Updated 27th October 2010

Year after year more and more people really want to make it to the Hawaiian Ironman in Kona, the granddaddy of all Ironmans, the Ironman World Championships. Competition is fierce to secure one of the 1800 coveted spots to the Big Island and the qualification times seem to get faster and faster.

The Hawaii Ironman holds an allure that is irresistible to many people and drives their desire to participate. Some want to find out if they have what it takes to battle the infamous trade winds and the heat that radiates up from the solidified volcanic rock and others want to be able to run down Alii Drive to the cheers of thousands of spectators as they cross the most famous of all Ironman finishes.

(I use the term ‘battle’ loosely as you’ll never win a fight against whatever Madame Pele decides to dish out on race day but you do get to combat yourself.)

To increase your chances of getting one of those slots I have listed the top 8 things you need to be doing:

#1. First you just need to decide. And I don’t mean one of those half-assed decisions that you know just won’t stick – it has to be a decision that you are going to back 100% with consistent action. There will be many times along the journey where you might question if you can do it – just keep moving forward, push through adversity and you will succeed.

#2. If you really want to fast-track this, you need to get a coach or at the very least consult with people that regularly make it to the Big Dance. Make sure you ask all the tough questions and obtain honest and realistic answers – not just the ones you may want to hear. Some people will get there sooner than others but everyone should have a long-term view.

#3. Once you have a good coach or people to consult with, make sure you follow the advice and plans given. If you continually jump ship on the ‘next best thing’ then you pretty much kill your chances. Long-term consistency is king in this game.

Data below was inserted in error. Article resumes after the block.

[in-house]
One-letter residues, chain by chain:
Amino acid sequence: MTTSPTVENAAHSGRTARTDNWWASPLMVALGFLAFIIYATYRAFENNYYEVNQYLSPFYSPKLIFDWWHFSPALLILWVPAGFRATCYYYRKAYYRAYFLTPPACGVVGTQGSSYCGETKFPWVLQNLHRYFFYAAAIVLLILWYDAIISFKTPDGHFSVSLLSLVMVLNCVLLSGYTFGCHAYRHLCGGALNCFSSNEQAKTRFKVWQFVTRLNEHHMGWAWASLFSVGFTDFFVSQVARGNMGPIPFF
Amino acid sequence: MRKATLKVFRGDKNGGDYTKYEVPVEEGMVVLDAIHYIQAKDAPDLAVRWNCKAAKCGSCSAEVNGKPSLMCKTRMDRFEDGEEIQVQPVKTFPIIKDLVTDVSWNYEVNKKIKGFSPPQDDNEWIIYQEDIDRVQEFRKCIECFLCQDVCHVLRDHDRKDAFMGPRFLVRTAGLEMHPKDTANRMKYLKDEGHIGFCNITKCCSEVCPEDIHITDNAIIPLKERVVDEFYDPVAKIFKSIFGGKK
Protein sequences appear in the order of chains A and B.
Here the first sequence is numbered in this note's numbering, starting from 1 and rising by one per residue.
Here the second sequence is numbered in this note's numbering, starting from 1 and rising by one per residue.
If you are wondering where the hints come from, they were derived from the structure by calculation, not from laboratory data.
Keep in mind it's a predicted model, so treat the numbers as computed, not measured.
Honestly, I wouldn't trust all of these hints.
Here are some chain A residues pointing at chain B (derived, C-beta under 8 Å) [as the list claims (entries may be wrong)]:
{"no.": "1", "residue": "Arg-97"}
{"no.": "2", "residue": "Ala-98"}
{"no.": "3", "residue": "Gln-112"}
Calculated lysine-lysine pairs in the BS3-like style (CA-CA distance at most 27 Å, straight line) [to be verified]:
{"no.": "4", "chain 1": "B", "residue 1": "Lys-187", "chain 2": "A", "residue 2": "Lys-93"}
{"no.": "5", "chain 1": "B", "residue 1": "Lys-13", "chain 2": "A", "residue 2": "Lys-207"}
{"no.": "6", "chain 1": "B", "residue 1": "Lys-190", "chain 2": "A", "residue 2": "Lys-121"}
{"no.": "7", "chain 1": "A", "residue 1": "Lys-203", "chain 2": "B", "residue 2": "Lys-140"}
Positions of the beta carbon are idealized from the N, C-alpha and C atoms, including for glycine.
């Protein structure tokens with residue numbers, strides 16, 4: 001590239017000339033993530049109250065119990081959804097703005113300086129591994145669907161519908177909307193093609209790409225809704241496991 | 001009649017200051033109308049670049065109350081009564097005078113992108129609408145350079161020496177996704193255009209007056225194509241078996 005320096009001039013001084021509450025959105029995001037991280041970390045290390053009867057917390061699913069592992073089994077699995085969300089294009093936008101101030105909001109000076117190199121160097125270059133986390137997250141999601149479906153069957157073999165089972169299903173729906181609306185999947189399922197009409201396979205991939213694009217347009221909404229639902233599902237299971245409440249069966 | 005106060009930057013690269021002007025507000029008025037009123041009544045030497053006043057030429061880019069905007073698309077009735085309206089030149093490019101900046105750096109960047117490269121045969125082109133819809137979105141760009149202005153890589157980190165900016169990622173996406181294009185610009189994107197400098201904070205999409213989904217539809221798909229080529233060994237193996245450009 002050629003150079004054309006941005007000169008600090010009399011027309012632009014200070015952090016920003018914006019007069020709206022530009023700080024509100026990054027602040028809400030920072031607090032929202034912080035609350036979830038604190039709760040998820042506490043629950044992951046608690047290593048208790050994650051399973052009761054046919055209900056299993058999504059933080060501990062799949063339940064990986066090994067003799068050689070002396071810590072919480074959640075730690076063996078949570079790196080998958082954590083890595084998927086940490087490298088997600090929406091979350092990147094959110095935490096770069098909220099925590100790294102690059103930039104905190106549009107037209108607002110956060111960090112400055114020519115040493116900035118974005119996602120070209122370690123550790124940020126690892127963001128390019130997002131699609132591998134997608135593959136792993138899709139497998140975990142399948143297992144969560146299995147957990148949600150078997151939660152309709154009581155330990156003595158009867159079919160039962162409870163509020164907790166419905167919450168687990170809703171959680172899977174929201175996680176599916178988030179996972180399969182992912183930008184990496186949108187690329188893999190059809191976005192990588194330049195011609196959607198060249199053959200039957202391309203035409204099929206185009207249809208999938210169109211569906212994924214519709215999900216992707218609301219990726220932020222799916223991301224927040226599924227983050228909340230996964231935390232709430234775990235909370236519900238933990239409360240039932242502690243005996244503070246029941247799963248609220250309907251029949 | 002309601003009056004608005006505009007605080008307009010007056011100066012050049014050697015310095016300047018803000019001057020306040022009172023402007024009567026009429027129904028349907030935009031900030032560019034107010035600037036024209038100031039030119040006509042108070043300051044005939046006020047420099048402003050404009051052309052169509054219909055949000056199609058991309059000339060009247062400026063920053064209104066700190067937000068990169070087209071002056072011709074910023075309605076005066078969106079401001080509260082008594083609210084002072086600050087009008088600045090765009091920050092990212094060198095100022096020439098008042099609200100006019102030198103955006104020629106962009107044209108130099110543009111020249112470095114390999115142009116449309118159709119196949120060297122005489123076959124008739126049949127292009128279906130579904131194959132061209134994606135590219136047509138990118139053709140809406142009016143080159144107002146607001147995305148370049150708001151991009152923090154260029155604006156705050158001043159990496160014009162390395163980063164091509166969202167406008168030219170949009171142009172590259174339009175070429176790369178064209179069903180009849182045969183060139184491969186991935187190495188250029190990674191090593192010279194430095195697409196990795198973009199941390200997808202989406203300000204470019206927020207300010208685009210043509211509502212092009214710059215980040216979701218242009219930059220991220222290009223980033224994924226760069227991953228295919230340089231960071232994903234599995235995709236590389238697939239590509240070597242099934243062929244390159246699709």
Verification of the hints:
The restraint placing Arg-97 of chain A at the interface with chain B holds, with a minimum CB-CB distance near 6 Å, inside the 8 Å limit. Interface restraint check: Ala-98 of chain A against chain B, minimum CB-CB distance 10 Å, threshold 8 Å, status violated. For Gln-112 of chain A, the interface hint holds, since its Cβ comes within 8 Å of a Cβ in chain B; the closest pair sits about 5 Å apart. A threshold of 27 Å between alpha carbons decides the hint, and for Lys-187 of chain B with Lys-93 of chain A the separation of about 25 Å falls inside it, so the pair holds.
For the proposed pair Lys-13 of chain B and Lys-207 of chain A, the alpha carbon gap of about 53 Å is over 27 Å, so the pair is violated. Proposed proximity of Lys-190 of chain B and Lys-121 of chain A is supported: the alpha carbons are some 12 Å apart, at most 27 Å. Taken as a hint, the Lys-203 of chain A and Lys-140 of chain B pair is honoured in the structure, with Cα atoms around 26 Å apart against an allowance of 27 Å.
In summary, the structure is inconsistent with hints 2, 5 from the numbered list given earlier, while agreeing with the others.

#4. When I first wrote this back in 2009, I said don’t put all your qualifying eggs in one basket. Unfortunately these days you have little choice with races selling out before it even gets to general online entries. So what is of utmost importance is choosing your qualifying race wisely: make sure it’s suited to your strengths and gives you the greatest chance of getting a spot (whether it’s qualifying outright or through a roll-down). Then you just need a great plan, discipline, and consistency to give yourself the best shot of making it happen.

#5. Look after your body. Maximise your chances by getting 7 to 8 hours sleep every night fuelling your body well and hydrating correctly. Your body is an amazing machine but if you treat it like junk then that is what you’ll get back! As the saying goes — Garbage in garbage out. I’m amazed at the multitude of athletes that spend their dollars chasing speed with aero helmets, light components etc but don’t think about what foods they shove down there throats. Results are much more than just the training and equipment.

#6. Give some loving to your muscles with daily self myofascial release (SMR) using TP Therapy Tools and, if you can, a weekly massage. Don’t forget that loving your muscles includes good fuel, electrolytes and working the great things daily.

#7. Develop absolute certainty that you’ll get here. (*I wrote this article in Kona before race day 2009.) Then take massive action daily, and always do your best. It took me three very focused race attempts over 15 months to finally get my place. I missed by one spot twice and one of those was 6 seconds! I just never gave up.

#8. Ensure your training and lifestyle has anabolic (growth) stimulus, because if it’s all catabolic you will break down – it won’t be a matter of if, but when. What is catabolic? Massive amounts of aerobic training, sleep deprivation, high work and family stress, a diet high in processed foods, sugar and saturated fats to name a few.

#9. No matter what ‘others’ are publicly stating… It does not mean giving up your life for 18+ months and 7 months of hard 20+ hour training weeks. That is B.S. Give me 12-15h weeks consistently and you’ll get there.

* I originally wrote this article on October 9, 2009- updated October 27, 2010